St Leger: Harbour Law wins for Laura Mongan; Idaho unseats jockey
Harbour Law won a dramatic St Leger as Laura Mongan became the first woman to train the winner, after favourite Idaho unseated his jockey at Doncaster.
The 22-1 chance, ridden by George Baker, triumphed from Ventura Storm and Housesofparliament after the odds-on favourite unshipped Seamie Heffernan.
Epsom-based Mongan said winning the world's oldest Classic, first run 240 years ago, was "surreal".
"I'll go down in history. At least I've done something right," she said.
"It was brilliant. I think I screamed a lot. I'm in shock," added Mongan, who is assisted by her husband, former jockey Ian.
Both Heffernan and Idaho were reported to be fine after the incident.
Harbour Law is the first Classic winner in 47 years to be trained in the town associated with the Derby.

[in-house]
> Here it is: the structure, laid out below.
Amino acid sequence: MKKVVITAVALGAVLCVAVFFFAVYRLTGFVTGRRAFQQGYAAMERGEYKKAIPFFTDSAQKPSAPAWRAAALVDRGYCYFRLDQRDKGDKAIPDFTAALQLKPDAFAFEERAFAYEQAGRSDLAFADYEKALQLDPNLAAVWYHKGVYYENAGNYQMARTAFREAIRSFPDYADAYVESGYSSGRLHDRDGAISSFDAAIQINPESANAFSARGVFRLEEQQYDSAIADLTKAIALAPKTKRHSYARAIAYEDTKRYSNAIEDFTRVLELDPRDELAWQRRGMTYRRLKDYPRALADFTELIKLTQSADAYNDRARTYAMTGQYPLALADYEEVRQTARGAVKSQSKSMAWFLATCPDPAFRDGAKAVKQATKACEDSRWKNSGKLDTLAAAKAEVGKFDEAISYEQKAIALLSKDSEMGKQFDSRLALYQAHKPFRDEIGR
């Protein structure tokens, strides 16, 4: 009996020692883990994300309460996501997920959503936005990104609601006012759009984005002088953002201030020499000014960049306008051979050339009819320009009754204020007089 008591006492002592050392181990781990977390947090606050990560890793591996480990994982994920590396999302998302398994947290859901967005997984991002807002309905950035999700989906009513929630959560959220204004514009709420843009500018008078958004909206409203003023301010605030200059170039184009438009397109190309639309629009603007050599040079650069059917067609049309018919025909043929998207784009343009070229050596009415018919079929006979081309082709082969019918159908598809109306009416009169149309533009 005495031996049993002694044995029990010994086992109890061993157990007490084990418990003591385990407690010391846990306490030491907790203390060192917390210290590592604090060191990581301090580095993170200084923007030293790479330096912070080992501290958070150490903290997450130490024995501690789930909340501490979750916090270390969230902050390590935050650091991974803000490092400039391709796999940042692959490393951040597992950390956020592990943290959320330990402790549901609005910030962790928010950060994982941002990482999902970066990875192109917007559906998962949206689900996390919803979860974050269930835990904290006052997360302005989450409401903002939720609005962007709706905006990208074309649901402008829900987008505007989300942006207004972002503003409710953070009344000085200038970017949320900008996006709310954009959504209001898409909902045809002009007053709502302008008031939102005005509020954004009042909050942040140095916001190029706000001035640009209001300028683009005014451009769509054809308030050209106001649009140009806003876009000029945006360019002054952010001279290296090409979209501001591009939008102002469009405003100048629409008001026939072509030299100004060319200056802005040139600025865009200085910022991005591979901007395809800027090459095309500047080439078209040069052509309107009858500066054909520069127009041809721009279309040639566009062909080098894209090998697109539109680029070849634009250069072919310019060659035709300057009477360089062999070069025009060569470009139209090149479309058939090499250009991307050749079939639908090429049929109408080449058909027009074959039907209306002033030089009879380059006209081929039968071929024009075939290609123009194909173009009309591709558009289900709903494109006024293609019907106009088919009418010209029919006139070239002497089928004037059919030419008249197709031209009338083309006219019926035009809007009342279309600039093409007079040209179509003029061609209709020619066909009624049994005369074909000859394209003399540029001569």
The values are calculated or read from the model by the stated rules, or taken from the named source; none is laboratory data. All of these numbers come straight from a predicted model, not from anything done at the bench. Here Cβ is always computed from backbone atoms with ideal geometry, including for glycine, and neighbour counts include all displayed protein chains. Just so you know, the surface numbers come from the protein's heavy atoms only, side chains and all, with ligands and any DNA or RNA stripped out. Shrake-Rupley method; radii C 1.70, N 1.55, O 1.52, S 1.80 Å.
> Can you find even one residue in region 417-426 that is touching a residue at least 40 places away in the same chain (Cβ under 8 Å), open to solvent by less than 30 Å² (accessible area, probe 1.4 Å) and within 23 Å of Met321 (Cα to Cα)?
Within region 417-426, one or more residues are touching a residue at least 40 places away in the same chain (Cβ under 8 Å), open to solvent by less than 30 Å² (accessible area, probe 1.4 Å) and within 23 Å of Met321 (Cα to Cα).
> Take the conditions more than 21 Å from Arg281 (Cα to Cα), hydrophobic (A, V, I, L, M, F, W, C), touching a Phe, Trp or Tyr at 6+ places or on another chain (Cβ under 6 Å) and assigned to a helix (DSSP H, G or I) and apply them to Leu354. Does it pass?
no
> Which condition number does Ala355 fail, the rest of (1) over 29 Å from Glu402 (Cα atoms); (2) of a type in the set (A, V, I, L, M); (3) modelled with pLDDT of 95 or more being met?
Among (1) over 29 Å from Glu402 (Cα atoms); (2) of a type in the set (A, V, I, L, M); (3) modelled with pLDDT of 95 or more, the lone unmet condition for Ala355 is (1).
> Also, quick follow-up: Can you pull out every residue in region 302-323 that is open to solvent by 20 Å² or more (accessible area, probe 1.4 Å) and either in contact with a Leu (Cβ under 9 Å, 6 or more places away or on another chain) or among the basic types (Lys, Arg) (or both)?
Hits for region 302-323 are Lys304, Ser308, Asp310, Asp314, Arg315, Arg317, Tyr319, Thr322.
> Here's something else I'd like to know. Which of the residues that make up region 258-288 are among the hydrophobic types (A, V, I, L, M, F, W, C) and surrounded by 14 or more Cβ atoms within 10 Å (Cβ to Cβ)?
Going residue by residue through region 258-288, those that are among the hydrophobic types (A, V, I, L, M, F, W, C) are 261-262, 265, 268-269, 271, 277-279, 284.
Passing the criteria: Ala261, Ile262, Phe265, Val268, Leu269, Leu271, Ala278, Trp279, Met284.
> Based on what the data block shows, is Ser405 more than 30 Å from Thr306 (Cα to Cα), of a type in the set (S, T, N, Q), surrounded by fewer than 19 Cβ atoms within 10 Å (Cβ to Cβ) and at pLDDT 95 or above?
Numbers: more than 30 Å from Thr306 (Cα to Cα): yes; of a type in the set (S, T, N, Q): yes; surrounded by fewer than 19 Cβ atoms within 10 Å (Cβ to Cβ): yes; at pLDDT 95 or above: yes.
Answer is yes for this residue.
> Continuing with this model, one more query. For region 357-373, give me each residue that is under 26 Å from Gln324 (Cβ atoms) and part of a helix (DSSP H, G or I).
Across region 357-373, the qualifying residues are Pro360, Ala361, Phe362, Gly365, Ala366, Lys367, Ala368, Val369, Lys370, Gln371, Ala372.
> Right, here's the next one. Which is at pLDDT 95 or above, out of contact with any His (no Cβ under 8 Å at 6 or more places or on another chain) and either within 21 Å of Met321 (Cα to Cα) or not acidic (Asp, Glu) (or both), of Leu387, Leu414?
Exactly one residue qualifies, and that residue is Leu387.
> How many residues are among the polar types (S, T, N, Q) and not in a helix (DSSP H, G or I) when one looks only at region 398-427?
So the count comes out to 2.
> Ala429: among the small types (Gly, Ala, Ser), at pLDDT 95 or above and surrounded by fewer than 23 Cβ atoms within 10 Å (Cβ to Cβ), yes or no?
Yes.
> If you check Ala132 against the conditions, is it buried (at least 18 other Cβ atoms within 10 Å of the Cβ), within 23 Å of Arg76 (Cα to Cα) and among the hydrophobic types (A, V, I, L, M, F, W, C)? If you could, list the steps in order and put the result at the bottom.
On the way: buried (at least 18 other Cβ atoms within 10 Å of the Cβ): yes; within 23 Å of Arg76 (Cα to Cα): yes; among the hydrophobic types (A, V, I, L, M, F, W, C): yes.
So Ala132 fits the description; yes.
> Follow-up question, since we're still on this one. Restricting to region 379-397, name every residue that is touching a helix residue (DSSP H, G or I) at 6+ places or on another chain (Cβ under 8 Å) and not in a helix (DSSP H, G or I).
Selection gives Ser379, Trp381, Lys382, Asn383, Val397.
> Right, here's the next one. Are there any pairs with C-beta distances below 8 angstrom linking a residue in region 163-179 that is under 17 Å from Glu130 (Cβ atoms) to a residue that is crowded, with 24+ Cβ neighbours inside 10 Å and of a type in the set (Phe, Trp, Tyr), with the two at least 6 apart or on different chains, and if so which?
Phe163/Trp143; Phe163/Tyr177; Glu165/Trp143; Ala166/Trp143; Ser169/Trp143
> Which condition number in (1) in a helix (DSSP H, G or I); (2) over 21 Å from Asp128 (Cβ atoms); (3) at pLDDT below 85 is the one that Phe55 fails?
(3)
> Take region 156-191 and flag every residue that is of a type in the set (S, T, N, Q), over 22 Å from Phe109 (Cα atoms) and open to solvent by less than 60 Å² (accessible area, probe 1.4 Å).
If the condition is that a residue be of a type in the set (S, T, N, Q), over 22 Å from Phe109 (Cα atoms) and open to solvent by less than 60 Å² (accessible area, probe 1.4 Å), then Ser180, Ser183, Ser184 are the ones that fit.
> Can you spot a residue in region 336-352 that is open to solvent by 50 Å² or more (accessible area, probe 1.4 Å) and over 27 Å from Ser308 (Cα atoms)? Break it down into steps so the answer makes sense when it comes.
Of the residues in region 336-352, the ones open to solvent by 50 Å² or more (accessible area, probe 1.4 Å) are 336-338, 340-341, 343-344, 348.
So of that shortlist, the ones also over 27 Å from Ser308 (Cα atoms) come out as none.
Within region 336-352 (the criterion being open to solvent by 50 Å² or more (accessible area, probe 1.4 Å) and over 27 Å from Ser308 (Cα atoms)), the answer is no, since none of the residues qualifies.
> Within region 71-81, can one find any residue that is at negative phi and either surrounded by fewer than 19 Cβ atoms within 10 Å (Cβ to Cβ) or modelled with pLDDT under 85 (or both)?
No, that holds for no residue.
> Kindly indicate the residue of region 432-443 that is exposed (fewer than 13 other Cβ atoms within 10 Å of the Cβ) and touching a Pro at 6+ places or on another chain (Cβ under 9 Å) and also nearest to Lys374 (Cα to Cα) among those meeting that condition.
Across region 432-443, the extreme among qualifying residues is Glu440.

Idaho was bidding to give Irish trainer Aidan O'Brien his fifth Leger victory but appeared to take a false step just under four furlongs out, and left Heffernan on the turf.
"When Idaho clipped heels it made it a very open race," said Baker after victory by three quarters of a length.
"I can't believe it, I'm so happy for Ian and Laura, they had so much faith in him and really deserve it."
Heffernan was taken to hospital as a precaution.
Analysis - BBC racing correspondent Cornelius Lysaght:
"On a day when the 'Leger' was in danger of being severely upstaged by an outstanding Irish Champion Stakes, the famous old race made its presence well and truly felt with a staging that dripeped with history and drama.
"The glass ceiling associated with female trainers in major horse races has long been shattered by the likes of Jenny Pitman and, on the flat, by Criquette Head-Maarek, but Laura Mongan's win is still a notable result for the final Classic.
"That she achieved the success after the stumble and departure of hot favourite Idaho - saving the bookies a £5m pay-out apparently - makes it all the more memorable. Everyone was okay; terrific race."